I'm still alive!
I just reminded by Arum that it has been a year since I got diagnosed with Acute Myeloid Leukemia. I haven't pen down what happened last year in details, and after a couple close brush with death in between then and now, I figure I should start writing it before I completely forgot everything. This time, I want to recount some week leading up to the first day I learn that I have Acute Myeloid Leukemia.
It all started with a string of headache, a fever that comes and go, and a celebration of Indonesia getting a gold medal in Badminton in 2016 Rio Olympic. Looking back, I think the symptoms started well before that, I guess the first week of August I start having night sweats and fevers that come and go, thought it was just a mild case of seasonal fever or some sort. After a lot of hemming and hawing, and lots of stern talking from my loverly wife, I went to the doctor a couple days before the badminton final/ Indonesia independence day. Dr. Schenk initially thought its your garden variety every and prescribe diclofenac, a lot of liquid, and a lot of rest. That's exactly what I thought as well, as we watch Tantowi & Liliyana won the mixed double at the olympic. We were having an independence day party at Septian's place that day, Raili had her day out, and overall a lovely autumn Wednesday. But by Friday, the fever and night sweats streak still going strong, and as prescribed by the good doctor, I call his office and set up another appointment for the following Monday. Came into the doctor office, got my blood drawn on the lab, and finger crossed for good news.
Then the call came, it was 5PM, end of business day, and the news was grim. It was bleak. He basically told me to go to Erasmus MC emergency room immediately, with full set of clothes change. He didn't tell me what the diagnose is over the phone, just that he consulted with his friend in EMC, and that the doctor in EMC will explain further, and I should go there as soon as possible. So I did.
I went there with a set of clothes, phone charger, and a set of IEM, with the hope of being back home after a day or two in the hospital, as the week after I was supposed to head to Hasssel, Belgium to drop Arum & Raili at Dina's before starting term 4 of my RSM MBA journey with a week long study trip in Milan, Italy. O how wrong I can be.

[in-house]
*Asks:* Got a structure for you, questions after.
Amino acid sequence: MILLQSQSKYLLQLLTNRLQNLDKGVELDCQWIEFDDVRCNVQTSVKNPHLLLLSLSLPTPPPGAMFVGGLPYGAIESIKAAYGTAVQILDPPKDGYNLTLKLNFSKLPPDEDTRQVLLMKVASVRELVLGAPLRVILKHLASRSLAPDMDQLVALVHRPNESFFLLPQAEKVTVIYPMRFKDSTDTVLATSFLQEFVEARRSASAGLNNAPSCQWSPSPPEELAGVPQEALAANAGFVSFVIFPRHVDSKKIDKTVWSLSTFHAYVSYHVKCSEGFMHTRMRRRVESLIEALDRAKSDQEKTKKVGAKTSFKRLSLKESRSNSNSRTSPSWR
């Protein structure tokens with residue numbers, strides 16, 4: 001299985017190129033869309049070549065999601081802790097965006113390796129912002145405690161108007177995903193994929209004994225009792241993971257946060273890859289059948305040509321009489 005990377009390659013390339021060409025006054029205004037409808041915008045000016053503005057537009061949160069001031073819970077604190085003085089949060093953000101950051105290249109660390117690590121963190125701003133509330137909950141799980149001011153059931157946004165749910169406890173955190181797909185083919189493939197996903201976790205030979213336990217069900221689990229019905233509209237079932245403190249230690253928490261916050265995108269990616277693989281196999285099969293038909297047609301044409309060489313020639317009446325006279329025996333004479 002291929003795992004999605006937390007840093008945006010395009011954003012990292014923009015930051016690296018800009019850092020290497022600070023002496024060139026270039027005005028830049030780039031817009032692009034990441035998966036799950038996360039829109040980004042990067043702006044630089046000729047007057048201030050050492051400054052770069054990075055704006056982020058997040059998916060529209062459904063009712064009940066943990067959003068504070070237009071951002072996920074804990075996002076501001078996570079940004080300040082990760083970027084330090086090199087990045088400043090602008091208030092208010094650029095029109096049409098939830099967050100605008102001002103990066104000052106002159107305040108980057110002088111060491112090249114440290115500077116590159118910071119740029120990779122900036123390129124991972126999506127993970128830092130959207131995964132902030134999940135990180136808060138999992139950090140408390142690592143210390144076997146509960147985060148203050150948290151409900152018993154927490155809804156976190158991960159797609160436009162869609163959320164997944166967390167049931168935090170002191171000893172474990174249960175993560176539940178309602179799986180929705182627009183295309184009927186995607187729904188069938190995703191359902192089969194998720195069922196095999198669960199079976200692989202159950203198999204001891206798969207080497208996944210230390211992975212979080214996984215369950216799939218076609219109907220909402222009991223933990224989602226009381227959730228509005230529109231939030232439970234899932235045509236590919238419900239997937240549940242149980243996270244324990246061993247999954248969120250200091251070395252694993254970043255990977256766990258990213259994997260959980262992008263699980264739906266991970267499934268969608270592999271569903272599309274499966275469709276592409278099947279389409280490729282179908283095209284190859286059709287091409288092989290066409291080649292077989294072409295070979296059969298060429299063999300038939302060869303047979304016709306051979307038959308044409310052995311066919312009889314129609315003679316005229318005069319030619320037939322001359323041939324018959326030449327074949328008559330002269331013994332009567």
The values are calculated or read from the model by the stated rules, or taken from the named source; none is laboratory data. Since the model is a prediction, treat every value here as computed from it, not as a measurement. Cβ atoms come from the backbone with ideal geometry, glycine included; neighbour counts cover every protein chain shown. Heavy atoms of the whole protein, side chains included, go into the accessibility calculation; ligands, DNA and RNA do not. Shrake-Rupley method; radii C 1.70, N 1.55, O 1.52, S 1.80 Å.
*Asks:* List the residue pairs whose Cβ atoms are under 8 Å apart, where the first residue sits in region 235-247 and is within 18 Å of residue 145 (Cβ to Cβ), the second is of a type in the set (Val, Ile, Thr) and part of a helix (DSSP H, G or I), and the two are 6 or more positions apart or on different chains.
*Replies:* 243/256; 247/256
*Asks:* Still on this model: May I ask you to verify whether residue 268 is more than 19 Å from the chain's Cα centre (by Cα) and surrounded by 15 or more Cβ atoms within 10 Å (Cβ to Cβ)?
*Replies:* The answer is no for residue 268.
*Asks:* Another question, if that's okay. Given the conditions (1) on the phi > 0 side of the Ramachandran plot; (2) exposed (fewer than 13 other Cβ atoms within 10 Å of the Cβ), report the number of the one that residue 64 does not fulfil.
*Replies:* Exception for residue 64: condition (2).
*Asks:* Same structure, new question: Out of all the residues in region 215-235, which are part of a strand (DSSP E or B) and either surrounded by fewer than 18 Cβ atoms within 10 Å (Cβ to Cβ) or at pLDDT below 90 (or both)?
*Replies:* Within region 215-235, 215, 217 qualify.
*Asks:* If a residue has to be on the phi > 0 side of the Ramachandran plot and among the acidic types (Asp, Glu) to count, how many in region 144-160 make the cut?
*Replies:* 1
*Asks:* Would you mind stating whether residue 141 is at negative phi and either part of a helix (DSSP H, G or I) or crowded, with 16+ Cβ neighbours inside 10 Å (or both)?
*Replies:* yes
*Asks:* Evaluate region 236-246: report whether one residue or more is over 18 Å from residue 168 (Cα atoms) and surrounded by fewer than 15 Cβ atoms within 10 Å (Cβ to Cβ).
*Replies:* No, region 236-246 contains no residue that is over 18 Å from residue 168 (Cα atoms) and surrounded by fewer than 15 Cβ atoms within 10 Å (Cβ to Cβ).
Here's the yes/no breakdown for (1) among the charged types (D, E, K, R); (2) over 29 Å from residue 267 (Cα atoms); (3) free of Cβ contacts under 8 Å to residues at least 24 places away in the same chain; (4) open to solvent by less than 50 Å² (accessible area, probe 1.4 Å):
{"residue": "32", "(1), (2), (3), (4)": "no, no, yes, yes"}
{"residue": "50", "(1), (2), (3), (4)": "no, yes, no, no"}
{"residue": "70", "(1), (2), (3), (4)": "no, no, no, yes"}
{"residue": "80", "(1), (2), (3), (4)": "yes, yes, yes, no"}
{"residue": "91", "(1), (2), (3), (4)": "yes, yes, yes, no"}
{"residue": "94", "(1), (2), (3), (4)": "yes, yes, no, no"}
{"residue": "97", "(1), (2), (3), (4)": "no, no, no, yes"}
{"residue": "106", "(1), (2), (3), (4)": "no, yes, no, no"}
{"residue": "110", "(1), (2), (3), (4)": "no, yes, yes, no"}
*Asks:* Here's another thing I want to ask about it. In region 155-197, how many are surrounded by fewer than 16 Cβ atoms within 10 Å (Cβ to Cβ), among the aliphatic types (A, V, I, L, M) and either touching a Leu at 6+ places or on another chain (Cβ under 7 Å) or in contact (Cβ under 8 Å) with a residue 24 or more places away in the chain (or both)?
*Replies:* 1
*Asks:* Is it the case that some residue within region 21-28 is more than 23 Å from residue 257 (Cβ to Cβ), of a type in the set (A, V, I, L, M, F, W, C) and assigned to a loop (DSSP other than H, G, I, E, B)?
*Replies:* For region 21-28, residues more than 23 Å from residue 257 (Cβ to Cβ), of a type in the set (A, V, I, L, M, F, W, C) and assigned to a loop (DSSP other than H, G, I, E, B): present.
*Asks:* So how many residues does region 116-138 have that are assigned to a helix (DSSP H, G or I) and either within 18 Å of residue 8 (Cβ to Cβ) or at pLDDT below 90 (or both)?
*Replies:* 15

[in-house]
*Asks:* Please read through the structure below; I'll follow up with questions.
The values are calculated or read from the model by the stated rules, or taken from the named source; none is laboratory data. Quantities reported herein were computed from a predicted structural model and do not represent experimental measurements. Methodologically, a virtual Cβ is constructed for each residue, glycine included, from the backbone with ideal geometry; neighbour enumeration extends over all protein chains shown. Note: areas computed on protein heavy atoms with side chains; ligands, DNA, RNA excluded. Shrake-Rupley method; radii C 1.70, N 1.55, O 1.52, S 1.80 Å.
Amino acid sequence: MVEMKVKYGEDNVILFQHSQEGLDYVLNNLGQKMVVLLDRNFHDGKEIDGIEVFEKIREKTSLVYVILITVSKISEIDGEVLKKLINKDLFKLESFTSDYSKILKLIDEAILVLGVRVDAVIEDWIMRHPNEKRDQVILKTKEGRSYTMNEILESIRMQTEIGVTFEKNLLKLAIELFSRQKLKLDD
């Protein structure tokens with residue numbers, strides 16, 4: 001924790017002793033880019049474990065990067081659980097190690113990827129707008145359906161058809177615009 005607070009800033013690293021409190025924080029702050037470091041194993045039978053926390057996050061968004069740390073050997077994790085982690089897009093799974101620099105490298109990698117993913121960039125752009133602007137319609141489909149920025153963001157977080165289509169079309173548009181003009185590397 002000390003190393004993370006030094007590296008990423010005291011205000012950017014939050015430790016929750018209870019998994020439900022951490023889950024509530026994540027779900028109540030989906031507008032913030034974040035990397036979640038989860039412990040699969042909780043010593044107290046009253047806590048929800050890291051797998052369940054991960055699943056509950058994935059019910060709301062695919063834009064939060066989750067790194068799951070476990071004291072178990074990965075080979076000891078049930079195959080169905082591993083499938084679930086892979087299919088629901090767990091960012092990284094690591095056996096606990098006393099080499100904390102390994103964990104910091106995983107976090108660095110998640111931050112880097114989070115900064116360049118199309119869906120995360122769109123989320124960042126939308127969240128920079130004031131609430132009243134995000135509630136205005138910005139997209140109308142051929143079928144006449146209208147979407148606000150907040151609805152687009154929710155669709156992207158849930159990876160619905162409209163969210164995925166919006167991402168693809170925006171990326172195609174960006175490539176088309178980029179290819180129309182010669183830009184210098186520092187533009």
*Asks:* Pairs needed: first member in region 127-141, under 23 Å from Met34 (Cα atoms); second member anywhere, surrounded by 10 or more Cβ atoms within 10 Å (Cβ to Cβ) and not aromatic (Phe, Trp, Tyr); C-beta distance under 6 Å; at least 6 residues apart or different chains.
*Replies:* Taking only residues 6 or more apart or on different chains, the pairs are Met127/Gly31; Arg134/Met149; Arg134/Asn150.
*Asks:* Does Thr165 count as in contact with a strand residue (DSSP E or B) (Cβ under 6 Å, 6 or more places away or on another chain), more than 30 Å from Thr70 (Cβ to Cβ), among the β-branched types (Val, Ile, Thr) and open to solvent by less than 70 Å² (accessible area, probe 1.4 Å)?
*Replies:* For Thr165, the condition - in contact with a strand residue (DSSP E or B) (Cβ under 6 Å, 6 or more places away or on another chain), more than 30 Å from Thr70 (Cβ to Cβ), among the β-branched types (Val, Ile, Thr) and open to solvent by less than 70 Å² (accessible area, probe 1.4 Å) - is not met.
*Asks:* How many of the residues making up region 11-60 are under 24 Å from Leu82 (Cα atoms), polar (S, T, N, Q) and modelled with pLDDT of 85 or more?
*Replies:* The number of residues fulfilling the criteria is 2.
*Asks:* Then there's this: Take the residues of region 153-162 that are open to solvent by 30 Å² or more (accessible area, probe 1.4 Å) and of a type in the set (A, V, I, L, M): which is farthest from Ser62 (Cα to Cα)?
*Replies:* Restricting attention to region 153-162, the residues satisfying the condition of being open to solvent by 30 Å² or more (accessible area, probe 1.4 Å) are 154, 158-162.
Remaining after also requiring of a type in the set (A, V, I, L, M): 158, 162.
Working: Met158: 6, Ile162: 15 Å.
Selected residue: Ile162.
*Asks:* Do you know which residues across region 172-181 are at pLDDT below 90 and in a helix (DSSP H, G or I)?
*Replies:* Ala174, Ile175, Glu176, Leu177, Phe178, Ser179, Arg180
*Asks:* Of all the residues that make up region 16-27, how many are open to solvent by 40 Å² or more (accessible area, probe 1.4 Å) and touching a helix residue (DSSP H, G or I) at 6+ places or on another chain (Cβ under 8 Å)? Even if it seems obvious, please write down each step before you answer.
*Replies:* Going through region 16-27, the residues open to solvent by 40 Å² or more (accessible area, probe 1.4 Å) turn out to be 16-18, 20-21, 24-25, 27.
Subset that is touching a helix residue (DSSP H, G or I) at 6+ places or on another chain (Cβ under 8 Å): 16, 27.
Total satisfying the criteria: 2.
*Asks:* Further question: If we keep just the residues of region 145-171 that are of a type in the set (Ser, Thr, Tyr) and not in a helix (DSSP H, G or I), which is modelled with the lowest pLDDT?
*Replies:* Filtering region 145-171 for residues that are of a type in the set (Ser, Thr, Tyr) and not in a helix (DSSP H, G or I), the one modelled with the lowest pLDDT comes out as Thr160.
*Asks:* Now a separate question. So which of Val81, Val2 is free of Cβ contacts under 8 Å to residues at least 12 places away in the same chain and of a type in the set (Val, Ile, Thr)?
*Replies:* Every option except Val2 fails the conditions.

When I get there, admitted, and blood drawn again. After some time has pass, a group of doctor came in and ask me, "Do you know why you're referred to us?", which I reply, "not really, my doctor told me to come here ASAP, so I did, but I do know there'e some problem with my blood result". Then the hammer drop. "You have leukemia" and that I'll be transferred directly to the hematology ward that night and tomorrow morning they will explain it further. The only thing I can think of at that time, is to call Arum to let her know that I'll be spending the night at the hospital and that she should come to the hospital the day after so the doctors can explain the situation.
In the back of my mind, my concern at that time is, "Can I get out of the hospital by the time for the study trip", and "Can they be wrong?". As well as, "Can I have some dinner?" I haven't had the chance to eat since the doctor call, and its already 11PM. Then the nurses came to the rescue with some food! YAY! And that's the first day I learn that I have leukemia.
One year later
It has been a year and spare since I learn that I have Acute Myeloid Leukemia. After 3 round of chemotherapy, a fight with the insurance to cover the treatment as well as the subsequent allogenic stem cell transplant, and said transplant, last week the doctor call me to inform me the result of my 6th month post transplant bone marrow puncture. The bone marrow is currently populated with 95-98% of the donor cell. YAY! It's another milestone in the journey, with the support of Arum, Raili, Mom & Dad, Mami^2 & Papi^2, Grandpa & Grandma, and the rest of the extended family, without them I don't think I would survive.
I'm eager to rejoin the class fully this fall! Itching to dig back into revenue optimization, sustainable supply chain, strategy framework, as well as devising the tactics to negotiate all that jazz. The next week I'll be immersed in supply chain topics in Hamburg. The 2nd largest port in Europe, Rotterdam still is and will be in in the forceable future the largest ;) Currently, I'm on the train to Hamburg for the long postponed study trip. This year, RSM MBA is not going back to Milan, which peeves me a bit as I really want to learn more about luxury marketing. But then again, Hamburg & supply chain was was my second choice last year.
A nice surprise presented itself as well, when Prof. Wynstra announce that there are two slots to tackle the challenge presented by Farmers Cut. An innovative vertical indoor farm that aims to feed city population with fresh produce, produced in the city's building.
Listening to Hamilton, I got reconnected with "Who lives, who dies, who tell your story" as well as "What a time we are to be alive right now". Can't wait to see what the future holds!